Brazilian Food: A World Beyond Churrasco

Peixada cearense When folks think of Brazilian food, most probably they picture slabs of beef, chicken and sausage over sizzling coals – the ‘churrasco’ that has become famous via the many Brazilian-themed steakhouses that have spread around the world, including places like Cleveland, New Orleans and Krakow, Poland.

But the truth is that Brazilian food is not only about churrasco. Its cuisine is incredibly diverse, and it varies (like in the US) from region to region.

In the South, you find ‘churrasco’ but also many other dishes inherited and adapted from the European immigrants that came to the region and made it their new home.

In the Southeast, the melting pot is so mixed that foods that originated from countries like Syria, Lebanon, Portugal, Italy and Japan have become so incorporated to the local food culture that people in the region identify them as their own.

In the North and Northeast, African, Dutch, Portuguese and native Brazilian form a unique blend characteristic of this warm, mostly sun-drenched area.

Unfortunately, few Brazilian restaurants (at least in my area) include dishes like moqueca, baião de dois and Ceará-style fish stew on their menus  –  probably because the vast majority of immigrants from Brazil hail from the South and Southeast of the country.

Then there is feijoada, Brazil’s most traditional dish, which is made with black beans and salted (or smoked) pork parts that may include feet, tail and nose. 

As legend has it, farm owners would serve roast pork during parties and then give the less desirable parts to their slaves, who would in turn cook them in a stew with black beans.

Today, feijoada is the country’s signature dish, traditionally served on Saturdays with rice, collard greens and orange on the side. It is a time when families eat at leisure without having to worry about running back to work.

One of my personal traditional favorites is Ceará-style stewed fish (peixada cearense), a delicious combination of seafood and veggies that is served with white rice and pirão, a gravy-like sauce made with yucca flour.

Whenever I prepare this dish, I have fond memories of sitting in my grandmother’s living room and waiting  –  with anticipation  –  for dinner.

Peixada Cearense

Recipe source: Minha Cozinha, translated from the Portuguese by Ernest Barteldes

Ingredients (serves 4)

2 lb. Grouper fillets (or any other firm fish), 1 tbsp. Lime juice, 2 sliced onions, 1 green bell pepper, seeded and sliced, three ripe tomatoes, quartered, 4 tbsp. cilantro, chopped, 1 scotch bonnet pepper, seeded and chopped, 1 can coconut milk, three eggs, three large potatoes, two carrots, three thick slices cabbage, 2-3 tbsp. olive oil, salt and black pepper to taste.

Preparation:

Boil the eggs, the carrots and potatoes in salted water until vegetables are done. Peel the carrots and potatoes, quarter them and reserve. Peel the eggs, cut in half and reserve.

Wash the fish carefully and season with salt, pepper and lime and reserve. In a large pot, sauté the onions, peppers, cilantro  and tomatoes in olive oil until tender.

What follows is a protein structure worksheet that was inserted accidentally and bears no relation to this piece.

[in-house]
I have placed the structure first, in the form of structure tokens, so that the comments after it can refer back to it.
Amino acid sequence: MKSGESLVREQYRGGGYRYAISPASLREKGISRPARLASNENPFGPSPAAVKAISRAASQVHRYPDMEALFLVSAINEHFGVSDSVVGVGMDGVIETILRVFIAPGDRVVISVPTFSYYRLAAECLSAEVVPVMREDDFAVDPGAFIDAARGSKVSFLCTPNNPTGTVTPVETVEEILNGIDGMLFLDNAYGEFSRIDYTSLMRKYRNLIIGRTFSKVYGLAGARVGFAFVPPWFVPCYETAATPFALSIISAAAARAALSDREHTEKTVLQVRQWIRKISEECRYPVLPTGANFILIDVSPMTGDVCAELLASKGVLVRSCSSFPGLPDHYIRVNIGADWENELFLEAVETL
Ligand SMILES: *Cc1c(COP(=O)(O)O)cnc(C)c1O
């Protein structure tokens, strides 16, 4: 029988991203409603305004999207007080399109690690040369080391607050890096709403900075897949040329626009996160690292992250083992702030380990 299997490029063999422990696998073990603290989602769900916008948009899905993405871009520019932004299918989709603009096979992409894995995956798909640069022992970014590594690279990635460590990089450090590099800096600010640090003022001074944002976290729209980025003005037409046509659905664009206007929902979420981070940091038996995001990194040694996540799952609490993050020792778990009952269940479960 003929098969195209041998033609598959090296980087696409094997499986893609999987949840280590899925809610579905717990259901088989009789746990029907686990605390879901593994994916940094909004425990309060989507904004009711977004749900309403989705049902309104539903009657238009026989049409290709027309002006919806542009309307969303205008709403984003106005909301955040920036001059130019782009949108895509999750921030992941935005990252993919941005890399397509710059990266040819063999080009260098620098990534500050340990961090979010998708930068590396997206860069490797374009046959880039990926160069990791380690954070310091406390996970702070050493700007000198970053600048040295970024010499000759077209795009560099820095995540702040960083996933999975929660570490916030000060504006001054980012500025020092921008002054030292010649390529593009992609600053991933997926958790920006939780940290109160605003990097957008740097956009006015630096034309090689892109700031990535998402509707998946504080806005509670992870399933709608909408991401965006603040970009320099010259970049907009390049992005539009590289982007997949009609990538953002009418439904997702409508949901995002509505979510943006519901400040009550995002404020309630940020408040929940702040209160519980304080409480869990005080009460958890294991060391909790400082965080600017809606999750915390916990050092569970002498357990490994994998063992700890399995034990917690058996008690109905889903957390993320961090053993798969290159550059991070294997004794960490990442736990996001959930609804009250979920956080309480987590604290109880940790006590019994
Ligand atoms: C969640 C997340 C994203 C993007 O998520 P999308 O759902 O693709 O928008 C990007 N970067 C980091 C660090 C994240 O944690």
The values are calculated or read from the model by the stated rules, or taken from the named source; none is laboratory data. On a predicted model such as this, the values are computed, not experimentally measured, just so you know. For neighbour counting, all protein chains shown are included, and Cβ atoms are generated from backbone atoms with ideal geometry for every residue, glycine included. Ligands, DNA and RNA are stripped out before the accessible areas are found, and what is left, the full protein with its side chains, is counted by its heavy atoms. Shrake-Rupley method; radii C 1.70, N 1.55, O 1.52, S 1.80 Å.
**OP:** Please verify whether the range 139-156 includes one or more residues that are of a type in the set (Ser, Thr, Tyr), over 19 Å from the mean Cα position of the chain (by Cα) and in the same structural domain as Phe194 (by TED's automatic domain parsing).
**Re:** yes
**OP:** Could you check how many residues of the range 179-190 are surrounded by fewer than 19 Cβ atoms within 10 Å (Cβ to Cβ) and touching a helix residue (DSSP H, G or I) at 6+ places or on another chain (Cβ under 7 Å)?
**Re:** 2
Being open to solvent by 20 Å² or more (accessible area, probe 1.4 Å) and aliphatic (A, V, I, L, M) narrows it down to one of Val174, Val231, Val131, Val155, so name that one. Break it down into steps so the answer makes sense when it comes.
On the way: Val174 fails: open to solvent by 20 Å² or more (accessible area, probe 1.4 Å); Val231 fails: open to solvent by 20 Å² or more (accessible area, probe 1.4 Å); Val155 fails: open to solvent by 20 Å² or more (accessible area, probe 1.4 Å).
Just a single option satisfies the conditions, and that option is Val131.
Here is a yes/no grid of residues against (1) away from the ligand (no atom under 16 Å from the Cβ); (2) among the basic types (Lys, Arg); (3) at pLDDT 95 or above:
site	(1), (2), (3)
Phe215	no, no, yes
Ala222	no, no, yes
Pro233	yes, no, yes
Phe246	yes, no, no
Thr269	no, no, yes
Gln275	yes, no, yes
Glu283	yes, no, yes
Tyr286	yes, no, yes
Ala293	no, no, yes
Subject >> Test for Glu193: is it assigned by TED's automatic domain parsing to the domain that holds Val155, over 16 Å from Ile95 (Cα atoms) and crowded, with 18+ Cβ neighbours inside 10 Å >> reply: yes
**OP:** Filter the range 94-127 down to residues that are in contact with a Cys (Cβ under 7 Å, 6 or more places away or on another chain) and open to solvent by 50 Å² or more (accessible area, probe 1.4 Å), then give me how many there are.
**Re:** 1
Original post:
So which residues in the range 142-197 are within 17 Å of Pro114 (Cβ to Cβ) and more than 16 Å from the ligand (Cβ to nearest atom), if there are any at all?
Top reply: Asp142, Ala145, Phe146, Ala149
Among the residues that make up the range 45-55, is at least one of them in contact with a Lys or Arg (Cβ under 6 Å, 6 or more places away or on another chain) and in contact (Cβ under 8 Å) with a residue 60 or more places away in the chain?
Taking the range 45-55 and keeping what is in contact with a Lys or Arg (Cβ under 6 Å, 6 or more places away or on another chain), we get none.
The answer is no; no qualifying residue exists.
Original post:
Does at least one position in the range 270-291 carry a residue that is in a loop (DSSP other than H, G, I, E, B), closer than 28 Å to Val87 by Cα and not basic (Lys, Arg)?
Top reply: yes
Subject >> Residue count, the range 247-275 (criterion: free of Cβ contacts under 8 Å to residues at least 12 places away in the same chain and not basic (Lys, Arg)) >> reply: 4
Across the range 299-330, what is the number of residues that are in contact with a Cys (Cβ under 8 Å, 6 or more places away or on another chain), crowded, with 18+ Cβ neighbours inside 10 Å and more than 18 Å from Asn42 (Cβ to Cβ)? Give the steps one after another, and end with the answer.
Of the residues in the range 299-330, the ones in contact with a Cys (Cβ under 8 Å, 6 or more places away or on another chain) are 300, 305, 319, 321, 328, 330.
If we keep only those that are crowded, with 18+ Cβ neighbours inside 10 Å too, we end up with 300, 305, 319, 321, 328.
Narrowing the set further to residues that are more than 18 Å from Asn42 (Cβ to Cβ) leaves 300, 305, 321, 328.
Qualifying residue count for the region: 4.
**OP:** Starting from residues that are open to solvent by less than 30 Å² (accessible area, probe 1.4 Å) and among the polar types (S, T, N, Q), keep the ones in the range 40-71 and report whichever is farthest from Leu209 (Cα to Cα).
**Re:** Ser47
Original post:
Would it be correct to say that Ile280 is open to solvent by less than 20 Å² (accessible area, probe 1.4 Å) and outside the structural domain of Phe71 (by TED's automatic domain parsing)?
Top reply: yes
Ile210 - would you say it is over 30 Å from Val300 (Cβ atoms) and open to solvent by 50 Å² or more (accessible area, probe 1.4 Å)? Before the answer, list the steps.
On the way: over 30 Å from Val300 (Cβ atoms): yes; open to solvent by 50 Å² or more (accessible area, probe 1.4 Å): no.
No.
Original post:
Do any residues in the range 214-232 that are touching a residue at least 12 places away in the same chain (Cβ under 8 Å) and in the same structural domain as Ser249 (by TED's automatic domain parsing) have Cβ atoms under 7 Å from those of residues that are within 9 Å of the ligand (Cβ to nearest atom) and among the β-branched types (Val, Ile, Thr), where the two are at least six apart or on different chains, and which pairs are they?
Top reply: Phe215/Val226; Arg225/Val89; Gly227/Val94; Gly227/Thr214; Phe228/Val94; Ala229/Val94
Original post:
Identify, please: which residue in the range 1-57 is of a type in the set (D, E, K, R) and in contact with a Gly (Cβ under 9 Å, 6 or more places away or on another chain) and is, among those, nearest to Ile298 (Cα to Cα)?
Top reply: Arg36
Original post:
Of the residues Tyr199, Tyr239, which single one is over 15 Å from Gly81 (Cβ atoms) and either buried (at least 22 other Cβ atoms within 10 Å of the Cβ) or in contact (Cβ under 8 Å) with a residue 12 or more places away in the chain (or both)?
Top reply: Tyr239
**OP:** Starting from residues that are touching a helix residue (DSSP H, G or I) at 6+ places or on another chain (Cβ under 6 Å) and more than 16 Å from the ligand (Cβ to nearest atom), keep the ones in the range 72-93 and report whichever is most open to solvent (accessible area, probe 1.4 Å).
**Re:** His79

Place the fish fillets over the sautéed vegetables and add the coconut milk. Simmer gently (do not stir) until fish is done (about 10 minutes), and add the potatoes, carrots, eggs and cabbage and simmer for another 5-7 minutes.

Taste and add more salt if necessary. Serve over white rice.

Ernest Barteldes is a freelance writer based on Staten Island, New York. He can be reached at ebarteldes@yahoo.com.

Tags:

Ads

You May Also Like

Brazilian Oil Multinational Petrobras Building 9 New Platforms in 4 Years

The international financial crisis and the resulting postponing of the disclosure of the Petrobras ...

Brazil Wants US Out of Discussions on Venezuelan-Colombian Dispute

Nestor Kirchner, Argentina’s former president and UNASUR’s (Union of South American Nations) will hold ...

Domestic and International Flights Get Slight Increase in Brazil

Brazil saw in April a 3.5% increase in international departures from Brazilian airports when ...

Lula or Cardoso? Who’s Brazil’s President?

In all the key policy areas—land reform, environmental protection, affirmative action, and foreign policy—Lula’s ...

Sugar and Alcohol Help Brazil Agro Exports Reach Record US$ 41 Billion

Brazilian agribusiness exports reached US$ 48.2 billion in the last 12 months, a value ...

120 Years After End of Slavery Brazilian Blacks Still Far from Getting Equality

Despite Brazil’s NIMBY attitude about racism, while trying to convince itself of being a ...

US Explains Brazil’s Record Corn Production: Second Harvests

The US Department of Agriculture says that Brazil’s increased success in second crops is ...

Brazil Hopes to Attract as Many Foreign Tourists as Argentina in 2006

The Tourism Salon – Routes of Brazil, which begins today, June 2, in São ...

A Brazilian Approach to Belly Dancing Clothing

Five years ago, ballet dancer and belly dance teacher Adriana Almeida was looking for ...

World’s Best Player Is Brazilian Ronaldinho, Again

Brazilian soccer ace Ronaldinho Gaúcho won his second straight FIFA World Player of the ...